In the first truly competitive race in 30 years, seven candidates are vying to represent California’s 37th District. All but one are registered Democrats — reflecting the district’s registered voters: 46.26 percent are Democrats, and 23.11 percent are Republicans.
Incumbent Assemblymember Monique Limón, who was elected in 2016, seesawed for months on running for reelection in 2020 or giving up her seat for a shot at State Senate. When she finally announced she was set on the latter, Santa Barbara and Ventura candidates jumped at the chance to snag her spot.
In the past, the local Democratic Party has endorsed one candidate far in advance of the primary. That candidate always won by a landslide. This year, the party didn’t make an endorsement, so the 2020 race could go one of many ways.
The district covers all of Santa Barbara County and much of Ventura County. Five of the seven candidates are Santa Barbarans. Santa Barbara Mayor Cathy Murillo has the best name recognition and, despite not getting the early Democratic endorsement, has racked up a long list of endorsements from key groups such as the California Labor Federation and from elected officials such as California State Controller Betty Yee.
Of the two Ventura candidates, Ventura County Supervisor Steve Bennett has wide name recognition as a progressive on the Ventura Board of Supervisors and an environmental veteran. He has the Sierra Club endorsement and that of the California Professional Firefighters despite also having a strong reputation for fiscal responsibility.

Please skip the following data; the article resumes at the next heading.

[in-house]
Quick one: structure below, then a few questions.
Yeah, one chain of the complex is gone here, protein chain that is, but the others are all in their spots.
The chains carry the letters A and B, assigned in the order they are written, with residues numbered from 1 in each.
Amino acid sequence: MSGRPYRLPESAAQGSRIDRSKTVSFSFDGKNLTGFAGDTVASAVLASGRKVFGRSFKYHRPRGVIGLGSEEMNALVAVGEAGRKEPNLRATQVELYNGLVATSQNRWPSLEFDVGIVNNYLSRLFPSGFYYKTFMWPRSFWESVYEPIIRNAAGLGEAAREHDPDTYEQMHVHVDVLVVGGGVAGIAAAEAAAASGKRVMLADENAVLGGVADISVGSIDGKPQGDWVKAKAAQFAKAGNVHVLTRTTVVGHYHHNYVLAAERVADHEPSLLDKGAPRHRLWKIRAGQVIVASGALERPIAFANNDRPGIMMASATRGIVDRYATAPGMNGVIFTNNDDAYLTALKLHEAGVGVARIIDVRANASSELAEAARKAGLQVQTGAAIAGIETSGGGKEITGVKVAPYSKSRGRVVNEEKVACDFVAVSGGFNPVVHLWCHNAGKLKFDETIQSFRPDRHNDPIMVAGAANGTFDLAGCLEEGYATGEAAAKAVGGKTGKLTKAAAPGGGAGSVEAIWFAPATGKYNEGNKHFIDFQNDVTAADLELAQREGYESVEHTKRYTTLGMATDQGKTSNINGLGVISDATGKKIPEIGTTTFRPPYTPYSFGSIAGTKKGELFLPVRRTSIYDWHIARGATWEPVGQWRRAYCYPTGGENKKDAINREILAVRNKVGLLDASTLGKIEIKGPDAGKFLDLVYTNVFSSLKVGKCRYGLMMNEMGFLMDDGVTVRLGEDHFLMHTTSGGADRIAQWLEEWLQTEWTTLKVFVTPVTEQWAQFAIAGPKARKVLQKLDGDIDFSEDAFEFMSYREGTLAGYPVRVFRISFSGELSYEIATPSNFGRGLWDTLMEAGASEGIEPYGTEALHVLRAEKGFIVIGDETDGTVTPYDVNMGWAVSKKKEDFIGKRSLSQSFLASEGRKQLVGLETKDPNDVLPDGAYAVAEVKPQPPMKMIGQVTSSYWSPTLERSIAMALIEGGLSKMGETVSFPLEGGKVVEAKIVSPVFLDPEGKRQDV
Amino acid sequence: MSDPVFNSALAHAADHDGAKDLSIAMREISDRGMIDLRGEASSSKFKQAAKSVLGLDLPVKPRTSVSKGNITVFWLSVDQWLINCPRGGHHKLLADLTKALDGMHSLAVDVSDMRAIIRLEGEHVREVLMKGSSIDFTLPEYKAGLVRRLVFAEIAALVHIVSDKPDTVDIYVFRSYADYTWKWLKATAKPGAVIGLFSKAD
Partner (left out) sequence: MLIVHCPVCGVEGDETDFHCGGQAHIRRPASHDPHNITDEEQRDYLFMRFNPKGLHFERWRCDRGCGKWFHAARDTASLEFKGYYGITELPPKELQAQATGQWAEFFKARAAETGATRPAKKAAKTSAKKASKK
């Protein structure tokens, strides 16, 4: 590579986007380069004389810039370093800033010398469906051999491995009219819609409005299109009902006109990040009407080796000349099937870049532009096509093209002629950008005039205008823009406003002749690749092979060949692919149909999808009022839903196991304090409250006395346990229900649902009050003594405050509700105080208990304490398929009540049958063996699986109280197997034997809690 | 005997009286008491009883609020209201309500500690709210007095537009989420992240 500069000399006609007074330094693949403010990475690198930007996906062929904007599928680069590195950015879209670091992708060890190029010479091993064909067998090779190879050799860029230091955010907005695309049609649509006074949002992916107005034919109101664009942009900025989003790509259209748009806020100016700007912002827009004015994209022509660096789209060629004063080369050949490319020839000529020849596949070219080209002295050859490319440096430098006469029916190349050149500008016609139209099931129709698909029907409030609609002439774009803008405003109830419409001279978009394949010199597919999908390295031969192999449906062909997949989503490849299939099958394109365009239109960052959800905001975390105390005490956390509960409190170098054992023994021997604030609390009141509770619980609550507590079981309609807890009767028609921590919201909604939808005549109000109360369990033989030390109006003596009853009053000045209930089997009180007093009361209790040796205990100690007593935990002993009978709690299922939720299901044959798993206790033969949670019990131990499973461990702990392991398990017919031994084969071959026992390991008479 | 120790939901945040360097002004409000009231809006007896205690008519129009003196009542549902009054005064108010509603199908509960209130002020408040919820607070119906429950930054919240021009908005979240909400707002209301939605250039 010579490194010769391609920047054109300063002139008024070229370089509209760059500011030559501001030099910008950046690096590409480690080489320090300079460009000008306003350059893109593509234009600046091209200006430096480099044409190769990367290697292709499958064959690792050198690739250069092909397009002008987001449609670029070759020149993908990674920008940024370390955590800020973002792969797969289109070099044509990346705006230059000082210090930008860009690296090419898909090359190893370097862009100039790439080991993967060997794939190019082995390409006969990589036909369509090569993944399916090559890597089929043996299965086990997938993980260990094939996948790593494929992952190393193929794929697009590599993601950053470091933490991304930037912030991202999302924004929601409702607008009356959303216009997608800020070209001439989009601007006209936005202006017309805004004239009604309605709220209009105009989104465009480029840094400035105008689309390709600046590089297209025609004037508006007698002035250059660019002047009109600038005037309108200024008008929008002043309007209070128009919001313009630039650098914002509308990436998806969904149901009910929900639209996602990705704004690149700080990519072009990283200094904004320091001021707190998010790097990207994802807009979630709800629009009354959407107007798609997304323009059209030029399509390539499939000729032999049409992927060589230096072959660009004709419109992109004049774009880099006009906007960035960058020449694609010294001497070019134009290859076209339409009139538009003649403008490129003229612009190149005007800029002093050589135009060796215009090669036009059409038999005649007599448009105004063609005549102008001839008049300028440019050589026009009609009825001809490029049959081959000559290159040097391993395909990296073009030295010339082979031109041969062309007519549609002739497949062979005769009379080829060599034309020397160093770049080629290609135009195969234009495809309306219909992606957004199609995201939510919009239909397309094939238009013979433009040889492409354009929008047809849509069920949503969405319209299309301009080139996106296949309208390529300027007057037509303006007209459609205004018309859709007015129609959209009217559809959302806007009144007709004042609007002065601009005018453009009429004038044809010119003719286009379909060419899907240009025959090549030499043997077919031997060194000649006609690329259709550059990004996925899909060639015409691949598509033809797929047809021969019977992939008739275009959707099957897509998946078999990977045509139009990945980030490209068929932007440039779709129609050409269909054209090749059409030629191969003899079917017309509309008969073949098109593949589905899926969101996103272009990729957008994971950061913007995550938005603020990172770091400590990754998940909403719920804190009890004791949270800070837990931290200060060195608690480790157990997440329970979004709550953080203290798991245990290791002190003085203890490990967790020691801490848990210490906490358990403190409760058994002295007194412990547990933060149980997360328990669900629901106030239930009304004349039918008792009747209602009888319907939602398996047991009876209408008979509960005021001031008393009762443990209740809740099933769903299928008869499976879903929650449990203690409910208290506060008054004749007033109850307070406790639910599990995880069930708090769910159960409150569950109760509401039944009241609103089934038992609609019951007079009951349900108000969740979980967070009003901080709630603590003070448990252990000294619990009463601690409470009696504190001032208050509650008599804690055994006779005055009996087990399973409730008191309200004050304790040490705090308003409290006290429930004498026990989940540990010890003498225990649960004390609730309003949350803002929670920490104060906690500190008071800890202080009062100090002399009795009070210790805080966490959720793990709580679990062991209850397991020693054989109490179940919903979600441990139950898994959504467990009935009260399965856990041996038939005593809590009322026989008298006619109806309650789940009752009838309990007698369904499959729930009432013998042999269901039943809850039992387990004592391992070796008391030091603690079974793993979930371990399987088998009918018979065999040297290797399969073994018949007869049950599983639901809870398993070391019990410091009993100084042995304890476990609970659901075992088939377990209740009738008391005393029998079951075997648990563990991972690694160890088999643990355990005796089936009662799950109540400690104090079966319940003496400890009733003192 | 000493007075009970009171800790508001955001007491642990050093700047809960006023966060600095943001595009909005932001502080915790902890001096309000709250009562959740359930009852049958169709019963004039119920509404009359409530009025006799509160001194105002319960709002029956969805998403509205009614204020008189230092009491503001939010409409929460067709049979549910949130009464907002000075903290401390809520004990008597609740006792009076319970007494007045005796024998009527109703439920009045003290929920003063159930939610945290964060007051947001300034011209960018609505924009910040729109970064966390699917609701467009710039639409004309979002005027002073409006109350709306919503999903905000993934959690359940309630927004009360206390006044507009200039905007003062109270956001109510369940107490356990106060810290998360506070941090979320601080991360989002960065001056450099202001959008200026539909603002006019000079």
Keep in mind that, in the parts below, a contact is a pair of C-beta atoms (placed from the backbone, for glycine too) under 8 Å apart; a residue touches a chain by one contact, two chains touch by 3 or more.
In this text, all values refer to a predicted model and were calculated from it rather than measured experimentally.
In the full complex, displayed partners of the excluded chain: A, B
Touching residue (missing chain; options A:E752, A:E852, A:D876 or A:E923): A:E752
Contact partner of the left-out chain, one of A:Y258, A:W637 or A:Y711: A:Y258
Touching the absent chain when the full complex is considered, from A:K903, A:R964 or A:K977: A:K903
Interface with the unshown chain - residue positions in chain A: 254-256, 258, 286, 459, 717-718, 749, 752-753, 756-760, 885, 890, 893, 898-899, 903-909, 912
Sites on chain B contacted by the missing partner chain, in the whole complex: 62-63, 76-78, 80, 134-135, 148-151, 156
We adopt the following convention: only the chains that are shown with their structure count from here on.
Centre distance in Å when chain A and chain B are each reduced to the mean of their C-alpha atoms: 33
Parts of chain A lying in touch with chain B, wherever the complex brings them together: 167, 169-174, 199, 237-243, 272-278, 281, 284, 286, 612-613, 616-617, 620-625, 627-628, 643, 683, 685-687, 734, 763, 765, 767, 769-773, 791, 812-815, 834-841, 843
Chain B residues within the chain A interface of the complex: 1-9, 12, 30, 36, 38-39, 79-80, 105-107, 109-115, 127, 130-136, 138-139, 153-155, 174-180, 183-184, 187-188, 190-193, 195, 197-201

The March 3 election will select the top two candidates from any party, who will run against each other in the November election. That winner will become the next 37th District’s assemblymember.
When Cathy Murillo was elected to the Santa Barbara City Council in 2011, she was the first Latina to sit on the dais. Now three years into her first term as mayor, she has strong support from labor unions, support that has given her the largest campaign chest in the race at $135,046.99 in 129 contributions.
“I am the only candidate that has leadership experience over a full-service city,” Murillo said. “And on top of that, I’ve been the mayor through fires, the 1/9 Debris Flow.”
Murillo, 58, moved to Santa Barbara at 17 to obtain her bachelor’s in stage acting from UC Santa Barbara when she fell in love with the community, ultimately making it her permanent home. The progressive Democrat, known for her tight ties with the local party, is a self-described social activist.
Murillo’s top issues include improving public education, protecting the environment, moving toward a fossil-fuel-free state, and improving economic opportunity for working families and individuals.
Murillo wants to increase access to pre-kindergarten and improve the quality of the overall education system. “To address the achievement gap, children need to be reading at grade level by 3rd grade, or we’ve lost them,” Murillo explained. “The state is already beginning to address the early education piece, though. The tricky part will be increasing enrollment in universities.”
Murillo cited Santa Barbara’s goal of using 100 percent renewable electricity by 2030 as one of her prouder environmental accomplishments that she hopes to take to Sacramento. She wants to see investment in job training for people now working in the fossil fuel industry so that they won’t be left behind in the transition to renewable energy.
Murillo, like almost every other candidate, is a proponent of the “housing first” method when it comes to tackling the statewide homeless issue. This means securing a place for someone to live before helping them find a job or complete a treatment program to get sober from drugs or alcohol.
“Housing first is the way to go, but there must also be wrap-around services,” she said. “Social workers need to be checking in on them regularly, and medical services need to be provided, all of that.”